A Tale of Two Judiciaries

By Dan Cadman, March 13, 2014

Even at the best of times, the law is a strange and wondrous thing. At its worst, it more closely approximates the description given it by Mr. Bumble in Charles Dickens's Oliver Twist: "If the law supposes that ... then the law is a ass, a idiot!"

Some weeks ago, the California Supreme Court, through a classic piece of legal legerdemain, declared that it was perfectly acceptable for an illegal alien to be enrolled as an attorney in the California State Bar — a prerequisite to actually practicing law before the various courts in that state. Many observers offered their opinions on this decision, yours truly among them. Read more...

Bad Cases, Bad Case Law

By Dan Cadman, March 10, 2014

It's an oft-repeated maxim in law enforcement and prosecutorial circles that "bad cases make bad case law." It's a cautionary reminder that what happens in the field, and how it happens, directly affects for better or worse what happens later in court, including at the appellate level.

The federal Third Circuit Court of Appeals has just decided an immigration-related case that proves the strength and truth of the maxim, as if anyone in favor of vigorous but rational immigration enforcement needed a reminder. Read more...

Clueless in the Capital: DHS and ICE Morale Continue to Plunge

By Dan Cadman, March 7, 2014

In March 2012, the Government Accountability Office (GAO) released a report, accompanied by testimony, on the state of morale across the government. The verdict: "Over time, federal surveys have consistently found that Department of Homeland Security (DHS) employees are less satisfied with their jobs than the government-wide average." It's only gotten worse since then. Read more...

Worksite Enforcement and Critical Infrastructure

By Dan Cadman, March 6, 2014

Critical infrastructure protection is a world unto its own, much like the byzantine world of immigration, and it intersects with immigration enforcement in important ways. Read more...

On Fines, Worksite Enforcement, and Cost-Benefit Analysis

By Dan Cadman, March 3, 2014

The Homeland Security Inspector General's office issued a report on February 11 titled "U.S. Immigration and Customs Enforcement's Worksite Enforcement Administrative Inspection Process".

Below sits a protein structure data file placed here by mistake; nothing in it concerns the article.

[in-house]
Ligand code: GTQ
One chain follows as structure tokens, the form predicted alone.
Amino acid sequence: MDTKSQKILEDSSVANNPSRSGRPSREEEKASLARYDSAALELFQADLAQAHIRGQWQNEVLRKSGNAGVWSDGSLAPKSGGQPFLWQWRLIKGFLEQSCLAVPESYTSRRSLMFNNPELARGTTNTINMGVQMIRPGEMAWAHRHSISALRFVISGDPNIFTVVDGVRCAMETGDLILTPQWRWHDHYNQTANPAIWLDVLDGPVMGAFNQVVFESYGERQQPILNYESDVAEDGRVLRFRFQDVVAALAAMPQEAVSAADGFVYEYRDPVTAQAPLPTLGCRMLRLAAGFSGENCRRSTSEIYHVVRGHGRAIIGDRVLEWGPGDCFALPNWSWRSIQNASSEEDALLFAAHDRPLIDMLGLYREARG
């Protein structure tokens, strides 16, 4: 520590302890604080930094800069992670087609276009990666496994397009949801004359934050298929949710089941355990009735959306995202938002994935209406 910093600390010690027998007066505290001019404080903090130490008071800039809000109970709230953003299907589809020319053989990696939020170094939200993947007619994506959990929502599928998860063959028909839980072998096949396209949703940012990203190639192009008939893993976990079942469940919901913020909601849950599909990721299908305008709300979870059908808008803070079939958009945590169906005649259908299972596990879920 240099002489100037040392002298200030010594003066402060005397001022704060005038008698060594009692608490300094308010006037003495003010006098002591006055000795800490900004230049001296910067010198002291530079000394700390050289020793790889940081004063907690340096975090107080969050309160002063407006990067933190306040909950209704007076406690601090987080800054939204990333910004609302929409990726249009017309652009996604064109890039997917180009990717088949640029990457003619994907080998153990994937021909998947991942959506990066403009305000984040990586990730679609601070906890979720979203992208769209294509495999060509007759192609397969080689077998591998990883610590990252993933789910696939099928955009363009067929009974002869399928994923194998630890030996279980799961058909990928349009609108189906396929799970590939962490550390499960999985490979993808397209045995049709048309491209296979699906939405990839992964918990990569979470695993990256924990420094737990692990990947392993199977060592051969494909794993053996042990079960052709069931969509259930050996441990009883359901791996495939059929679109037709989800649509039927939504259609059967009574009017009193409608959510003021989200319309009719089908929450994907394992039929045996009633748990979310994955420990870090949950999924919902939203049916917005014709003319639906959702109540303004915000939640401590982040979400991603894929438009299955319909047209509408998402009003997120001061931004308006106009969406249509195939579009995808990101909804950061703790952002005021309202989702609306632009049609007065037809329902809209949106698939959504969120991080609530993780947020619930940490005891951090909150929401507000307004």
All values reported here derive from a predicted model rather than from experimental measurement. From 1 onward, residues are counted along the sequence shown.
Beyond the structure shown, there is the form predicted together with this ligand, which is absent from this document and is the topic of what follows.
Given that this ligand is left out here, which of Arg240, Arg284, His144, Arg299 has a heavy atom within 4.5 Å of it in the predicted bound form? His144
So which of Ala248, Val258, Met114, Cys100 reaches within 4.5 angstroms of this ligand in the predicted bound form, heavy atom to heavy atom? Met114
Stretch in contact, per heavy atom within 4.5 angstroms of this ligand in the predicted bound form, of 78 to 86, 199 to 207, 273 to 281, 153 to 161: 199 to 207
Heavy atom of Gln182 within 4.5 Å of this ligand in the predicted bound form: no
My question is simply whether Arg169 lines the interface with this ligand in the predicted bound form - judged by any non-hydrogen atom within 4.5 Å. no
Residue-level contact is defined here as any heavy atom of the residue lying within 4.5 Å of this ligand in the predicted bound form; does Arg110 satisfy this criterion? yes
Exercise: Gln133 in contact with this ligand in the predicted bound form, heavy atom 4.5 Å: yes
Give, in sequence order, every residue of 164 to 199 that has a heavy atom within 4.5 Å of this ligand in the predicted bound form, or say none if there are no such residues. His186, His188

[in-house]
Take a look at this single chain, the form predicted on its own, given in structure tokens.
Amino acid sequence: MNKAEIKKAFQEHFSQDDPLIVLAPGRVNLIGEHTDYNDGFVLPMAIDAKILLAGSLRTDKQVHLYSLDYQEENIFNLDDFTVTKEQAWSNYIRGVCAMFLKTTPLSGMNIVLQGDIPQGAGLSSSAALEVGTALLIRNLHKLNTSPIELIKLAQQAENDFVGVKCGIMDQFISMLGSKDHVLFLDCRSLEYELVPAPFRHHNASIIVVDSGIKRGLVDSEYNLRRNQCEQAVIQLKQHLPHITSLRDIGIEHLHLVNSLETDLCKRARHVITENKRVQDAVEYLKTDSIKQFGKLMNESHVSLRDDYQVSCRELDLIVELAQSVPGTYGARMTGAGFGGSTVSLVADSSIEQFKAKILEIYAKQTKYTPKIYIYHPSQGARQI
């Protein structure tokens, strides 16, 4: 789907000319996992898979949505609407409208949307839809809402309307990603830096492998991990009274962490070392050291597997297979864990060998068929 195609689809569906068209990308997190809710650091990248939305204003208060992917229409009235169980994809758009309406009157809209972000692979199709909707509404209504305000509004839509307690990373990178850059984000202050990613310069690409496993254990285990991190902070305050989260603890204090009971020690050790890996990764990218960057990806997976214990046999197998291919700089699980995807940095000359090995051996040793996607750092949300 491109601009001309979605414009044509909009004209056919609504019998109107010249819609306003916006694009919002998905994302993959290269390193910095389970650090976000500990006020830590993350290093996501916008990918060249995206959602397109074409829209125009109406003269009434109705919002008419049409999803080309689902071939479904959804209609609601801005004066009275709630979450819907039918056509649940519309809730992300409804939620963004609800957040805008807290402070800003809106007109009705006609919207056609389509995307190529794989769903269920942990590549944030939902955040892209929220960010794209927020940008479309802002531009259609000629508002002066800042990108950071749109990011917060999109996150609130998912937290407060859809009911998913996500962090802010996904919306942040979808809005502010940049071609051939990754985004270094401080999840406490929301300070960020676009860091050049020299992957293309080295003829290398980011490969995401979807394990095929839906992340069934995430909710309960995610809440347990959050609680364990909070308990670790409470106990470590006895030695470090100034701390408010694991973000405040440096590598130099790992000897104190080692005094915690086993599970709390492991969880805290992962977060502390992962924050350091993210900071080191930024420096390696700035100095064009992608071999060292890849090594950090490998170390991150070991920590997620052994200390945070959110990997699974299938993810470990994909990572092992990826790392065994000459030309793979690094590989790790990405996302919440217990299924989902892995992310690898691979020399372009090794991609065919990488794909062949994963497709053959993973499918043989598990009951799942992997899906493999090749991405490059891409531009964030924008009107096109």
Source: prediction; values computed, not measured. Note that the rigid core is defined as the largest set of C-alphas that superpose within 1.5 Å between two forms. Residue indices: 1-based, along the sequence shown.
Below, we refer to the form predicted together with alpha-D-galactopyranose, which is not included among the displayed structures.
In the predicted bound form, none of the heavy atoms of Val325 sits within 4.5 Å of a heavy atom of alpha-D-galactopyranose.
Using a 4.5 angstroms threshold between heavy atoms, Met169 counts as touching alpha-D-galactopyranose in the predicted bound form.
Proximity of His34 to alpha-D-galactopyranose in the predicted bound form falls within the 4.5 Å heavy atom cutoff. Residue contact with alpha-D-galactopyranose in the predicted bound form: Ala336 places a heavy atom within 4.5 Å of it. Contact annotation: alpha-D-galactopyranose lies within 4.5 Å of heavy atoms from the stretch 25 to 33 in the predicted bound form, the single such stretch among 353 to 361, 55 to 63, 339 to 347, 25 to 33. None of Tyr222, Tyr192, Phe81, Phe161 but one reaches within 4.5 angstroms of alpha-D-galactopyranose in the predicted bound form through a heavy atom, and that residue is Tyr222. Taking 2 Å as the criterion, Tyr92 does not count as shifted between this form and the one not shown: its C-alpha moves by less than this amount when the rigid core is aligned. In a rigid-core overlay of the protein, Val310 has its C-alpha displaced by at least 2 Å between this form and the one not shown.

It is full of interesting factoids that one would probably find impossible to obtain even through the filing of a Freedom of Information Act request, given this administration's reticence to share information and data of even the most fundamental nature. Read more...

Of Terrorists, Failed Immigration Vetting Systems, and Running to Catch Up

By Dan Cadman, February 28, 2014

The media and blogosphere have been alive with the story about a convicted terrorist who was working as a "navigator" for the Obamacare website maintained by the state of Illinois.

Given the controversy over the Patient Protection and Affordable Care Act — the official name for the statute giving birth to Obamacare — it is perhaps inevitable that many are focused on that portion of the story. Read more...

On Dual Citizenship

By Dan Cadman, February 27, 2014

Last month, the Congressional Research Service (CRS) issued a report titled "U.S. Naturalization Policy", by CRS Immigration Policy Analyst William Kandel.

In the report, Mr. Kandel makes passing reference to birthright citizenship, a matter of some controversy these days given a booming business in "birth tourism" among Chinese nationals and others, but, as he notes, delving into it at any depth was beyond the scope of a report on naturalization. I agree, but hope that a future CRS report does focus on the subject. (CIS has explored birthright citizenship at some length. See here, here, here, and here, for example.) Read more...

On Profiling, Irony, and Hypocrisy

By Dan Cadman, February 26, 2014

A federal district court judge has thrown out a lawsuit against New York City officials alleging that a secret New York City Police Department (NYPD) program of spying on Muslim businesses and mosques violated the constitutional rights of business owners and members of those mosques. Read more...

On License Plates and Metadata

By Dan Cadman, February 24, 2014